What’s in my Bag of Tricks- Tech Tools

I get asked versions of this question all the time.tricks

This list probably took me 5 seconds to come up with, because each of these tools are things I use multiple times a day! “I did not include Social Media; those are their own post!”

(I should preface by saying I’m a PC girl right now using MS Office (but not that 365 nusiness, because I need the features, yes?). I know there’s Mac equivalents of all of this you can look up, and if you’re Team Chromebook,  I’m sorry.

1. Snipping Tool (insert chorus of angels) OMG. I still can’t believe I had to learn about this from my dad. If you have yet to experience the magic, the Snipping Tool is hidden in the “Windows Accessories” and allows you to take a screenshot of a specific area of your screen. From there, you can choose to save the image, copy-paste it to another program, or attach it right into an email. It’s like why even bother having PrintScreen as an option anymore?

So what do I use it for? Uh, everything. Pretty much 95% of the pictures and visuals you’ll see on this site were created in PowerPoint and snipped so I could save them as an image. How- tos and tutorials are simp. When someone emails me a with a question of how to do something tech-related, I can reply with a snip of my screen to accompany the written directions. Most of my Instagram posts were created on computers and snipped before I posted it. (I’m way too particular for some of those Photofy-type apps- though they’re cute most of the time)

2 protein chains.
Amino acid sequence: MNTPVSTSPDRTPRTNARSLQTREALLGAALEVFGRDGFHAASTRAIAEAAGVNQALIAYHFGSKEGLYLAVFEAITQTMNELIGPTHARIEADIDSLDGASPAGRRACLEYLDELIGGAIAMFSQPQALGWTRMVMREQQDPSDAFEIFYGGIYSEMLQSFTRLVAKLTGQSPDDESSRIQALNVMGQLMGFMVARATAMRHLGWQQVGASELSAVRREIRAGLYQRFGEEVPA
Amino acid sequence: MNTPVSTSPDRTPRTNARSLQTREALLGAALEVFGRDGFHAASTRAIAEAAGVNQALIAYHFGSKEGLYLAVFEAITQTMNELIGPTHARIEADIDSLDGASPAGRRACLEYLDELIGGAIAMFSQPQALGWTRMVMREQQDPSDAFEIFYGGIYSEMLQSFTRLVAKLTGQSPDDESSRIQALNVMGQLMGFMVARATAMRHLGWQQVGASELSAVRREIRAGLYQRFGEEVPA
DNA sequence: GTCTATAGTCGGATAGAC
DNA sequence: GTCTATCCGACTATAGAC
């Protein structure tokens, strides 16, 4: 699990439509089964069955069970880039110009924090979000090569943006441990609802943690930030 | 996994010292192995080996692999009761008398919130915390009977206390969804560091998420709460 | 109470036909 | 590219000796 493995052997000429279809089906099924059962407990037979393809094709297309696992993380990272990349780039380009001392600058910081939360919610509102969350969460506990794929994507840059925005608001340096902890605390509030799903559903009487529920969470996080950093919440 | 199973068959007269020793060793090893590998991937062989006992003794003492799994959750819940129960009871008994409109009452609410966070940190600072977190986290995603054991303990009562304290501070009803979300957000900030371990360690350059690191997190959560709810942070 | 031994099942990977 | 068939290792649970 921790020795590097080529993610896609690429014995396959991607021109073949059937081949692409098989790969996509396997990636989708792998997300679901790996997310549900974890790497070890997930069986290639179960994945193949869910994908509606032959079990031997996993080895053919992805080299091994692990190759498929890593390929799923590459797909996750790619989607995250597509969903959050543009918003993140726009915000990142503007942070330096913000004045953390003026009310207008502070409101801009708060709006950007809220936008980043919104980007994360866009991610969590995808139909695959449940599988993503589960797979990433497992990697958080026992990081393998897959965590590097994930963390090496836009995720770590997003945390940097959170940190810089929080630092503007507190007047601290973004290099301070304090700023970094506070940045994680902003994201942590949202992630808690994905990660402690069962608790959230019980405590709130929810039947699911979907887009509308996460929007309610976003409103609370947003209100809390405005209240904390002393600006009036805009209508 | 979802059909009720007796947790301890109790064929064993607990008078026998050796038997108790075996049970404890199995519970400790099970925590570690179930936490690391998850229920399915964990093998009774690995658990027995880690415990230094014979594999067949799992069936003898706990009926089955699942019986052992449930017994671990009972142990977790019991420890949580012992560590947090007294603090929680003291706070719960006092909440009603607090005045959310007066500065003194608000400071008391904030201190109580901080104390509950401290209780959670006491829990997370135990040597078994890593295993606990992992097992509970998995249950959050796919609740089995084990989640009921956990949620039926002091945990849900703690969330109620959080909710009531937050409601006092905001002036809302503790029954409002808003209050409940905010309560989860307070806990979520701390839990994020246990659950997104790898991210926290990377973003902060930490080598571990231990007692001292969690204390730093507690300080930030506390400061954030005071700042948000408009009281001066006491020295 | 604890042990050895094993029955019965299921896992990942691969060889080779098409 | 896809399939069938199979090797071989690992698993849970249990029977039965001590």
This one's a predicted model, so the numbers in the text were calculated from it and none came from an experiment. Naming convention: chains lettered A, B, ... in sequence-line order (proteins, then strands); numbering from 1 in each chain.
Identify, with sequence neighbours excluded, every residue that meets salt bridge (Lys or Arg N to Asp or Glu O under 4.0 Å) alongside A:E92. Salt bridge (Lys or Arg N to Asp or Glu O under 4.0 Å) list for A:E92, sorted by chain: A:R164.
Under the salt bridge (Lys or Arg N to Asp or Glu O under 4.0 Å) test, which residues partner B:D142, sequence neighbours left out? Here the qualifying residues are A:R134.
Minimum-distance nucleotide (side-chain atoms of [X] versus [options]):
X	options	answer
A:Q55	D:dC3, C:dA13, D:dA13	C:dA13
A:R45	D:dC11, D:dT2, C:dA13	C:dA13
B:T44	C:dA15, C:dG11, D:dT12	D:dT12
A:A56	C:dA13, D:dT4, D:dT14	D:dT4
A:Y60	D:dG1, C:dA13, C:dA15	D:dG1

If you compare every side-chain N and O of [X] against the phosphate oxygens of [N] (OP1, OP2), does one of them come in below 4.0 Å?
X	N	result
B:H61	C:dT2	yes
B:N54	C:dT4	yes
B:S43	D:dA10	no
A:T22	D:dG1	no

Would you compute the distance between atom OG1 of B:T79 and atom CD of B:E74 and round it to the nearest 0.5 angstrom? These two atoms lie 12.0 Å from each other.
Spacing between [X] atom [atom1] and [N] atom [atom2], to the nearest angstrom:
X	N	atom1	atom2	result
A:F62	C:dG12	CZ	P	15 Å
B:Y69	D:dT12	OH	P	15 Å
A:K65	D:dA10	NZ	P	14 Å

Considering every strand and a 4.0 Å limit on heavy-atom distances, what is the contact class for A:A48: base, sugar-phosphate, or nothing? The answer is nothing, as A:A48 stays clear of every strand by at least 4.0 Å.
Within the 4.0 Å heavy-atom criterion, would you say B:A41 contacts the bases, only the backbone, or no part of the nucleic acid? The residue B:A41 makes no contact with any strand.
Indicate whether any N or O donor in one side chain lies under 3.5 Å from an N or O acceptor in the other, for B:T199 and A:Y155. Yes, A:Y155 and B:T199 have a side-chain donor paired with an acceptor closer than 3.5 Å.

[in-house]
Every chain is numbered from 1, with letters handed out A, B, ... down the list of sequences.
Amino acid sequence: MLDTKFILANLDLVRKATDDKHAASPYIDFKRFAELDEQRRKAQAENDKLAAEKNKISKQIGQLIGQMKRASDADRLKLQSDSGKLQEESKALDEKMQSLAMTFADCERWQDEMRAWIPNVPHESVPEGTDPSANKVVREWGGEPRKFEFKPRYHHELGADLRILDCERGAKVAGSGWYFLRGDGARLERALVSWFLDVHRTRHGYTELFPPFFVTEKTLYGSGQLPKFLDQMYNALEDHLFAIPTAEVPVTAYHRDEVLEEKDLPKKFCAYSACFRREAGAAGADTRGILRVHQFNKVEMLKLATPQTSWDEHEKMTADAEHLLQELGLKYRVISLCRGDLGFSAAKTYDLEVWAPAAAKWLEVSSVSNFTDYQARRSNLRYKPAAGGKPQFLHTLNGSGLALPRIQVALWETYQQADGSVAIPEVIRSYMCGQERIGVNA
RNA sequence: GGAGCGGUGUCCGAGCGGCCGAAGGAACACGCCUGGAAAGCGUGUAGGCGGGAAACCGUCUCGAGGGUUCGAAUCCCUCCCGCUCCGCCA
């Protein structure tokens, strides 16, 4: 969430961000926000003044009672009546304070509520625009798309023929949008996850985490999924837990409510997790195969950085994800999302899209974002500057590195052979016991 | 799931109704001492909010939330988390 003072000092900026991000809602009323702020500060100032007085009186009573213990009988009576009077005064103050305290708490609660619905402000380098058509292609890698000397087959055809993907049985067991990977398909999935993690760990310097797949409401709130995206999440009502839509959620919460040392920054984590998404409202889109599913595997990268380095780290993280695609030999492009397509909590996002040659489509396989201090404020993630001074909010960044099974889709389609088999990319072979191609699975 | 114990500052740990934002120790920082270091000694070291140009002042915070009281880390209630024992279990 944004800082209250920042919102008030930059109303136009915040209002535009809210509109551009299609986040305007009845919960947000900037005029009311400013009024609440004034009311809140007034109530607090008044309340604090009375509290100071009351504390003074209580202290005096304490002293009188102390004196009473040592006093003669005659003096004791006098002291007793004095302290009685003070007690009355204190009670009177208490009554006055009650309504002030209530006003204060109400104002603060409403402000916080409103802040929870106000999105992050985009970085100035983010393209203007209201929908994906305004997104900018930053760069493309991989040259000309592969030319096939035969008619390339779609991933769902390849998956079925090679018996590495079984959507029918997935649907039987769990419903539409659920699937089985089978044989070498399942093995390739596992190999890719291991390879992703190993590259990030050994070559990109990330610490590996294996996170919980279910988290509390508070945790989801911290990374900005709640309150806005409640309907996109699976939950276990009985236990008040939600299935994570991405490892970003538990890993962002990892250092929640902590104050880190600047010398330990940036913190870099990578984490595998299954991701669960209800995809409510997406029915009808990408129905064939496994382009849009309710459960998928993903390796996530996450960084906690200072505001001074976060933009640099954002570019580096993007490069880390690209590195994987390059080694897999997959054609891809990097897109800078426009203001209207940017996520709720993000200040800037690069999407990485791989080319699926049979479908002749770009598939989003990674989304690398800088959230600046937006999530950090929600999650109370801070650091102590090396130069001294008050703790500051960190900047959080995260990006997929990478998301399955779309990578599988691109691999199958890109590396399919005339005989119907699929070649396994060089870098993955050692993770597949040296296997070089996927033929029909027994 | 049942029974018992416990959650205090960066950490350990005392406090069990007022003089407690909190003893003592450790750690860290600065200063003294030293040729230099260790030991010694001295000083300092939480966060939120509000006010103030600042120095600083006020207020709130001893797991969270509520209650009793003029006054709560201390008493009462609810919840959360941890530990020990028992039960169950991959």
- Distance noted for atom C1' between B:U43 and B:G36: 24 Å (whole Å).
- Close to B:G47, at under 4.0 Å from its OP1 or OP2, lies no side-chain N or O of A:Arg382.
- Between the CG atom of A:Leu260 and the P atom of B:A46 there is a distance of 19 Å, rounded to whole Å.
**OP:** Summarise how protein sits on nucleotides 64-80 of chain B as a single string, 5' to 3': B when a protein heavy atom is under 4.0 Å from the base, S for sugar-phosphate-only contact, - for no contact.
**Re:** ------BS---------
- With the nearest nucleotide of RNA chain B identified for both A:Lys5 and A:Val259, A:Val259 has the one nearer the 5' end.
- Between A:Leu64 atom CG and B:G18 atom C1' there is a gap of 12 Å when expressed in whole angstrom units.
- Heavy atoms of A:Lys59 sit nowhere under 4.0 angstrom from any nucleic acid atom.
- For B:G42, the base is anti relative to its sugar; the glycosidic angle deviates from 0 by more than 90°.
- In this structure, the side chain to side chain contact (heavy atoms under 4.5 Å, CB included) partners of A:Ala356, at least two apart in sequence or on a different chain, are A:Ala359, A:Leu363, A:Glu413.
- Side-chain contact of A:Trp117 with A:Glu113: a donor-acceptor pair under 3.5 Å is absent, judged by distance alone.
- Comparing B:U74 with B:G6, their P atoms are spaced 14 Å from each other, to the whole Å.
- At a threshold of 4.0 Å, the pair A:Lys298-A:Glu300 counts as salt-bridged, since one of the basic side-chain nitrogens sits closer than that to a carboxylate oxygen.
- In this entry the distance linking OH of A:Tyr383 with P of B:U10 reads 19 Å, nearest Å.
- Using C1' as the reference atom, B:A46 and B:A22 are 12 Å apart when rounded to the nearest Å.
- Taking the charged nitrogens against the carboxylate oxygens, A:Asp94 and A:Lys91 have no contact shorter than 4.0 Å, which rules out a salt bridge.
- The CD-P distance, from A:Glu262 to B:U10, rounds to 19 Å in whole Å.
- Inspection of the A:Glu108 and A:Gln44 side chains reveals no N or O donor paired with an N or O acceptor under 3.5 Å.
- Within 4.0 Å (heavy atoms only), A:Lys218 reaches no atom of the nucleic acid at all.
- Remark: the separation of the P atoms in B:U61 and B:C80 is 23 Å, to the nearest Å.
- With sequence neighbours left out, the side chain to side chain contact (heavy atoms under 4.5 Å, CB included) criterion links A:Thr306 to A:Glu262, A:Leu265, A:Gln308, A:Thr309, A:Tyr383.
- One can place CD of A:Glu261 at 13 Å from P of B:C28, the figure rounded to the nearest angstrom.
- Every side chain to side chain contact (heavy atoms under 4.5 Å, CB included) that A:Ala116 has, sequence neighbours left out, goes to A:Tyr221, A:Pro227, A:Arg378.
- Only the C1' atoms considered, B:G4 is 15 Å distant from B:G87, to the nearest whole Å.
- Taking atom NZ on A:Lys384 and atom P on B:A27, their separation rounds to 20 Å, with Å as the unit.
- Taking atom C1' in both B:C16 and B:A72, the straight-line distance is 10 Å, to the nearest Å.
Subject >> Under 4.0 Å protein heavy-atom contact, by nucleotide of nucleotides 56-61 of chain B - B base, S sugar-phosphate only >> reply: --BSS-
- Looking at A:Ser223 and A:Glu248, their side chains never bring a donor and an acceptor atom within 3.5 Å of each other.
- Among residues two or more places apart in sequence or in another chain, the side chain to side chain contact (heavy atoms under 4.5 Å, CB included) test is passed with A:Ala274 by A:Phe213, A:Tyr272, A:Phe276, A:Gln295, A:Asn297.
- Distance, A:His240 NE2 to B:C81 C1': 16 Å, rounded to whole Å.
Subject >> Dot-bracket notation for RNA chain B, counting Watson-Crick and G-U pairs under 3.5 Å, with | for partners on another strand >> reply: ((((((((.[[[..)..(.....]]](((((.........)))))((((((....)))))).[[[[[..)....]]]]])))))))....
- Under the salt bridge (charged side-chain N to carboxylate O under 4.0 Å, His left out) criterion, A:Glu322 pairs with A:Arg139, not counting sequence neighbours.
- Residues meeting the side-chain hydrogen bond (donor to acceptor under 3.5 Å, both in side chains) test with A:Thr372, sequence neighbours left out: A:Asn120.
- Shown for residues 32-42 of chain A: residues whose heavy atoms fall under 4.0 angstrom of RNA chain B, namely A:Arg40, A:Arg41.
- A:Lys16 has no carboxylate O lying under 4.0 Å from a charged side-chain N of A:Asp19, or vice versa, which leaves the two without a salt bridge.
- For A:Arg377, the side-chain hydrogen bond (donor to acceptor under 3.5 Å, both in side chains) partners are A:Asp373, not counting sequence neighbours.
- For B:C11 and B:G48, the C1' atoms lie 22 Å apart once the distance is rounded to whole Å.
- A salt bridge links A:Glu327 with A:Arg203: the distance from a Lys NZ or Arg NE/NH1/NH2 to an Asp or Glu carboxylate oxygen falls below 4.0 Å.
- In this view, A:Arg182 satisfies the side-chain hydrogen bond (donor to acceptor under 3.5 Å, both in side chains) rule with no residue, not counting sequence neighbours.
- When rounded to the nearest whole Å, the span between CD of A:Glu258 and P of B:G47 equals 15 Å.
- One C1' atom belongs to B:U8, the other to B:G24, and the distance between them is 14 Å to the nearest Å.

2. Clone (Ctrl + D)– Have you ever been working and thought- why doesn’t someone invent a way to copy and paste in the same command? Well they DID. And apparently it’s been around forever. In an earlier post I mentioned my love/hate relationship with SMART Notebook. One tool that I was totally into was located under Cut/Copy/Paste; there was also an option to CLONE. Say wha? So say you pefectly format a text box but you need 10 of them on a page. You COULD copy/paste it 10 times, or you could clone it. When I right clicked on it in Notebook it said that the shortcut for Clone is Ctrl + D. Does it work in Office? YES IT DOES. CTRL + D for everything!!